Sixth Webinar of the ELI Charter of Fundamental Constitutional Principles Series


On 16 May, experts convened to discuss the Part VI of the ELI Charter, on Protection of Fundamental Rights.

Pascal Pichonnaz (ELI President; Professor, University of Fribourg) opened the webinar by welcoming participants and recalling aspects of the previous webinars in the series. He considered the current webinar a ‘further opportunity to reflect and discuss the impact and the role of proper and encompassing protection of fundamentals rights’.

Project Co-Reporter, Elise Muir (Professor, KU Leuven) reflected on the broad range of challenges that Europe currently faces. She explained that the ELI recognised the present moment as opportune to reassess, and take a forward-looking approach to, the core principles of European democracies.

Having acknowledged that some parts of the Charter overlap, Muir went on to detail each Principle to be dealt with in the present webinar:

  • Protection of Fundamental Rights (Principle 27)
  • The application to private parties of the obligation to respect fundamental rights (Principle 28)
  • Environmental protection and sustainability (Principle 29)
  • Right to international protection (Principle 30)
  • Social solidarity (Principle 31)
  • Automated decision-making (Principle 32)

Geert van Calster (Professor, KU Leuven) focused on Principle 29, on environmental protection and sustainability. Among other things, he highlighted failures to direct legislation to adequately address environmental and sustainability issues as very clear. Van Calster commended ELI’s plausible efforts in drafting the Principles and how they can be operationalised. He highlighted the fact that the construction of Principle 29 is different from its counterpart in the Treaty on the Functioning of the European Union (TFEU). Unlike the TFEU, this Principle is not immediately tied to a series of limitations. Instead, it encompasses a broader scope, addressing not only  environmental protection but also the promotion of sustainable development. This ELI Principle is built on  three pillars: environmental protection, economic development and social development. Furthermore, Van Calster praised the inclusion of a message advocating international cooperation in achieving common standards for sustainability and environmental protection. However, Van Calster also noted that while coordination among states is essential, it might sometimes be used as ‘an excuse for slowing down international efforts’.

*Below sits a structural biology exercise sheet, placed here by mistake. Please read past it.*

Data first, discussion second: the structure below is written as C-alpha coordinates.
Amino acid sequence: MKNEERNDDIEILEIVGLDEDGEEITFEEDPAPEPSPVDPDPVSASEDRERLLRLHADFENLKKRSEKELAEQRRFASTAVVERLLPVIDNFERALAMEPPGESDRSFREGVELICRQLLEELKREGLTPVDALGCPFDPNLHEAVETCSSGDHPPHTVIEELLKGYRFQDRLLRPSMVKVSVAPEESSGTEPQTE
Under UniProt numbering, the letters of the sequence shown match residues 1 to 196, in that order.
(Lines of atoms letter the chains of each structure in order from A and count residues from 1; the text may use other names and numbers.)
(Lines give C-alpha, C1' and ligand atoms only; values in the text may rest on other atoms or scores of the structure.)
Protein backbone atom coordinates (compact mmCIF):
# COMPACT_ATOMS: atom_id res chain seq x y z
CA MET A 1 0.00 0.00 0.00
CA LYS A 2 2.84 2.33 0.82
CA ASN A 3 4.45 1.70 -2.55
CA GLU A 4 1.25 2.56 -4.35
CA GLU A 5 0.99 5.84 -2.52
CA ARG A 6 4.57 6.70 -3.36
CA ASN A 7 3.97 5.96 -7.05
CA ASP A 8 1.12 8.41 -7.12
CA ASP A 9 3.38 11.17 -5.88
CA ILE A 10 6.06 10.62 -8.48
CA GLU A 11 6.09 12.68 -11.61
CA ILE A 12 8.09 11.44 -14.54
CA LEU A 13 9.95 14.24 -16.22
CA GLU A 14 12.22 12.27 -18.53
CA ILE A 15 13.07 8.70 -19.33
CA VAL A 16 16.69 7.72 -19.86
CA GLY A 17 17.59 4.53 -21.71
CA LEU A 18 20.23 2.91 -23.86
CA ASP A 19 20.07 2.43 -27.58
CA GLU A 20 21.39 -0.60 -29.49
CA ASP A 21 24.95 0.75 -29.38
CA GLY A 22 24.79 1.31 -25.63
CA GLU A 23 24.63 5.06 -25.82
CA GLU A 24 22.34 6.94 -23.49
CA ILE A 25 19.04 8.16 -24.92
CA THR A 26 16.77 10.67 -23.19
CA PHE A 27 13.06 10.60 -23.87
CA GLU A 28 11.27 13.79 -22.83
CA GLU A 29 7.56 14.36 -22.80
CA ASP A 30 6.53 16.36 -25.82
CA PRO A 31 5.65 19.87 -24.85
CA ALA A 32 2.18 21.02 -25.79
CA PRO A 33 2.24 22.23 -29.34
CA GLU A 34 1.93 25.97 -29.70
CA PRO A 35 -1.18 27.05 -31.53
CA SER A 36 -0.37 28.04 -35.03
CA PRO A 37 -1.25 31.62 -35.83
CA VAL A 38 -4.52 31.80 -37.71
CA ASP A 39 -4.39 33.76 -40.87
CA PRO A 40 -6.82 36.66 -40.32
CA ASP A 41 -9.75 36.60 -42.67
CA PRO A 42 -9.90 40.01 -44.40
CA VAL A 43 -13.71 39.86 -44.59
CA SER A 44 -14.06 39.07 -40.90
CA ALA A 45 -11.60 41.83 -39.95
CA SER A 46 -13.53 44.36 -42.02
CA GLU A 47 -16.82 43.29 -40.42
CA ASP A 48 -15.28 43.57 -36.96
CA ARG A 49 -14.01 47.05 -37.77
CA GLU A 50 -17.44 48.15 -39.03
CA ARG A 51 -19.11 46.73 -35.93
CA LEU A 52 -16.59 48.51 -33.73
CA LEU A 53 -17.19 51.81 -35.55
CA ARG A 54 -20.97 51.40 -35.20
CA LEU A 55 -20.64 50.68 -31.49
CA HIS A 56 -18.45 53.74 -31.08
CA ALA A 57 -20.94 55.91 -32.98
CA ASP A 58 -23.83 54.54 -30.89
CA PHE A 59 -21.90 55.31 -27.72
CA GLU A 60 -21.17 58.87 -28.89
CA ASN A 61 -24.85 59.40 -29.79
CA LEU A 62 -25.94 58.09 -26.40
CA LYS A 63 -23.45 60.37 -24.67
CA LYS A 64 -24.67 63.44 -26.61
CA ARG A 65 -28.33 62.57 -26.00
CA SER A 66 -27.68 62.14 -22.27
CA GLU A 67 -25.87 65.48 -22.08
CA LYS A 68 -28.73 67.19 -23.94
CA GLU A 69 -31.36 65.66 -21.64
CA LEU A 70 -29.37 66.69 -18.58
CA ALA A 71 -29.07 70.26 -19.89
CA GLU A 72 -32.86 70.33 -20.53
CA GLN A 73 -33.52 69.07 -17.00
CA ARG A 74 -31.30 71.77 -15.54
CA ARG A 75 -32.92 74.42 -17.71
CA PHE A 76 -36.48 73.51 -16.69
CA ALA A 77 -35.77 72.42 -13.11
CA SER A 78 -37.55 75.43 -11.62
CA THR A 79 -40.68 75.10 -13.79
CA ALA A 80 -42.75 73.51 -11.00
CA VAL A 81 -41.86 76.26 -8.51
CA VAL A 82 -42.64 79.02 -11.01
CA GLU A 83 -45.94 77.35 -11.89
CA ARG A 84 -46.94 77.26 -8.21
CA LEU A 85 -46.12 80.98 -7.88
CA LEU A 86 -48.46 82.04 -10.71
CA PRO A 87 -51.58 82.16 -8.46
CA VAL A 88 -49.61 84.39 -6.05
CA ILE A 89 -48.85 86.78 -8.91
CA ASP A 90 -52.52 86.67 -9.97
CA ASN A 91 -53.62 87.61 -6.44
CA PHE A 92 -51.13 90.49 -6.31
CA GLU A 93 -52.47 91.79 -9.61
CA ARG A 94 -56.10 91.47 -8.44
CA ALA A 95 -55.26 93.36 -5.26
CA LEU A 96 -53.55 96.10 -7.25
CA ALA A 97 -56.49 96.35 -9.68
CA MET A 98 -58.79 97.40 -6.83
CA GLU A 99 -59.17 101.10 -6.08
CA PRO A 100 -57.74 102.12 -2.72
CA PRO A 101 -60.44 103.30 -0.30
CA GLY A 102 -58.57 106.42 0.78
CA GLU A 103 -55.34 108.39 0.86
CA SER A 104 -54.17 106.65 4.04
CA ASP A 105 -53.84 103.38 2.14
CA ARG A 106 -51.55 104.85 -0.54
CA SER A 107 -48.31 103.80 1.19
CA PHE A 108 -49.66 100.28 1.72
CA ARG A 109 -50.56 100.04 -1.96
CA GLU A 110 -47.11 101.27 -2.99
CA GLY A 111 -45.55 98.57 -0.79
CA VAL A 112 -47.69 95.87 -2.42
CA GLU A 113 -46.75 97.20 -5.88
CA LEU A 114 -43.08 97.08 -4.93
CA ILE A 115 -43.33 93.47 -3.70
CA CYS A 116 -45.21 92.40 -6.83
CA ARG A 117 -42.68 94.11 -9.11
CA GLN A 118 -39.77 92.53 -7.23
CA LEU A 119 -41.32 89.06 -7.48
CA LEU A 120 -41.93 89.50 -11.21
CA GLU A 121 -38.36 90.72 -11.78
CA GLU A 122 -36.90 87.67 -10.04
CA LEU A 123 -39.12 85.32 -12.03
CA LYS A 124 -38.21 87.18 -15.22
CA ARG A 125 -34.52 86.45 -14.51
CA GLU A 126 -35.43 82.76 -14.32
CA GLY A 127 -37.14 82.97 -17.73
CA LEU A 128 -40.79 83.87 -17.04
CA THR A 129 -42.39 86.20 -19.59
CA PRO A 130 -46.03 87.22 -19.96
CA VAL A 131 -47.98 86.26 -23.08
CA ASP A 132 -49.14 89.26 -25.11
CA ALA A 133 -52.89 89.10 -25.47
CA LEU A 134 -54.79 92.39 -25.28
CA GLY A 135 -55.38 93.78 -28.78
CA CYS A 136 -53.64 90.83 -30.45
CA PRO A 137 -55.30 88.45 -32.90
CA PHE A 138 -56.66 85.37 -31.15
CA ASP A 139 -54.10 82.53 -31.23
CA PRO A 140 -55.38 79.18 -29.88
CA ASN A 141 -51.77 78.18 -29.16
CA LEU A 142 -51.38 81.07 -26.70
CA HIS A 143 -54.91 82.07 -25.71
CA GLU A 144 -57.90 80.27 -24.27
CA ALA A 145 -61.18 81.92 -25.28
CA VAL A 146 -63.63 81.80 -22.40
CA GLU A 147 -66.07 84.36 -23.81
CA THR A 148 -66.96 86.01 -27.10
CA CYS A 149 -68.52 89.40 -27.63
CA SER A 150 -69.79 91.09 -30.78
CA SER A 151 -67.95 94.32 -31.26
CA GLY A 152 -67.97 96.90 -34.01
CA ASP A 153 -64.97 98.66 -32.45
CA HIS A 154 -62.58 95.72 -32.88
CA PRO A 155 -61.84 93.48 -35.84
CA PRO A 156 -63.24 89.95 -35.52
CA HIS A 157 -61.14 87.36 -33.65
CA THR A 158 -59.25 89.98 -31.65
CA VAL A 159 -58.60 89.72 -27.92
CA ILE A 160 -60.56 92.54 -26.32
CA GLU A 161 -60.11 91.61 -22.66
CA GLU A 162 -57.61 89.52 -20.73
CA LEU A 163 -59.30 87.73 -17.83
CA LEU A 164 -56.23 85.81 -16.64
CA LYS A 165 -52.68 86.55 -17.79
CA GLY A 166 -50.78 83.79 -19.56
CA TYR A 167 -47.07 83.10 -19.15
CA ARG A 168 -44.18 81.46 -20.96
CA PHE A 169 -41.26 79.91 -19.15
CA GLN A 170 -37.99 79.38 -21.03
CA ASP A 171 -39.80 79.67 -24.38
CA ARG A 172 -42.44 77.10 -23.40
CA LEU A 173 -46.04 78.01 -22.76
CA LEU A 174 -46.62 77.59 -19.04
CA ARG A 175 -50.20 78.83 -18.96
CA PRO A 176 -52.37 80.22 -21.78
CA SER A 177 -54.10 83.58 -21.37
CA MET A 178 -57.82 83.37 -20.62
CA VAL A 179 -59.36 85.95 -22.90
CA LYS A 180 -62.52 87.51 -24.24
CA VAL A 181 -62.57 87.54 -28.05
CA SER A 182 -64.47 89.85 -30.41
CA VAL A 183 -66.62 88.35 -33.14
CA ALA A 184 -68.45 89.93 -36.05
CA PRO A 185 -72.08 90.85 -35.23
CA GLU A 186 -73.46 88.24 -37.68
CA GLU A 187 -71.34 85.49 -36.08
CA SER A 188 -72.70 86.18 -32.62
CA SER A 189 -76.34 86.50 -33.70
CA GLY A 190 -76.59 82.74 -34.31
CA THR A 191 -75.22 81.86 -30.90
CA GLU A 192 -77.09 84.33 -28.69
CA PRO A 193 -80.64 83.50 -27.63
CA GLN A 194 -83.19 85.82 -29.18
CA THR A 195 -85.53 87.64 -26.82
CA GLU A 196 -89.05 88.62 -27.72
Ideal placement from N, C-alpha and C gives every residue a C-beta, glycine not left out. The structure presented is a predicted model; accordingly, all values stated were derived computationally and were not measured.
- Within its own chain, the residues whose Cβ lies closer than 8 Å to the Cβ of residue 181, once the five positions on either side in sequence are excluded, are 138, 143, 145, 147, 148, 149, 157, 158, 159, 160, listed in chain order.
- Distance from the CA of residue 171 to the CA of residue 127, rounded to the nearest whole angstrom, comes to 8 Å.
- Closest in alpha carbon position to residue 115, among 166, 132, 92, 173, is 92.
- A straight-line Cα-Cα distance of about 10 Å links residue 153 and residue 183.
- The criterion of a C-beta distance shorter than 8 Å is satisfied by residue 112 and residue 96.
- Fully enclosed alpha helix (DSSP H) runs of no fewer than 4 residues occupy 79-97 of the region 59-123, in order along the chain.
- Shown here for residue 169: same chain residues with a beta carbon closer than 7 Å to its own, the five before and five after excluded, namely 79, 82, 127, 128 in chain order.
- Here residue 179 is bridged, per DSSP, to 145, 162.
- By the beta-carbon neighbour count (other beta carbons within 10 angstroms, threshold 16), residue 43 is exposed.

Catherine Koutsopoulou (Vice-President of the International Association of Refugee and Migration Judges) stated that the Charter ‘will be a piece of reference for all of us’. Koutsopoulou discussed significant  challenges related to migration and its prominence in current political and legal debates. Judge Koutsopoulou argued that  the right of asylum should be embedded in national constitutions, which would make it harder for  nationalist and extremist movements to undermine this right, while also upholding humanitarian values and fulfilling international obligations. Reflecting on Principle 30, she praised its ‘comprehensive’ construction, noting that it incorporates elements from international legal instruments such as the Geneva Conventions and the Universal Declaration of Human Rights. Koutsopoulou emphasised that the Principle is  grounded in fundamental rights and noted the key concept of non-refoulement, which prohibits returning refugees to places where they face serious harm.  Judge Koutsopoulou recommended an ‘expressis verbis acknowledgement of broader norms of international protection’ and stressed the importance of state obligations to support the long-term wellbeing and integration of refugees. She also advocated for a broader definition of ‘refugee’ in national constitutions.

Maja Brkan (Judge, General Court of the European Union; Professor, University of Maastricht) provided reflections on  Principle 32 on automated decision-making (ADM). Brkan noted that this principle is cross-cutting, intersecting with the other Principles analysed earlier. Judge Brkan argued that the level of protection and safeguards for ADM should be higher, as the current safeguards are insufficient. She emphasised that these safeguards should be integrated into the decision-making process from the outset. Judge Brkan referenced EU legislation, noting that the ‘ELI Principles go further’ in terms of accountability for decision-making and the transparency aspect, compared to the Artificial Intelligence Act. Brkan emphasised the need for robust safeguards to ensure transparency and accountability in ADM processes.

The interventions were followed by lively discussions.

More information about the project is available here.


Other webinars in the series: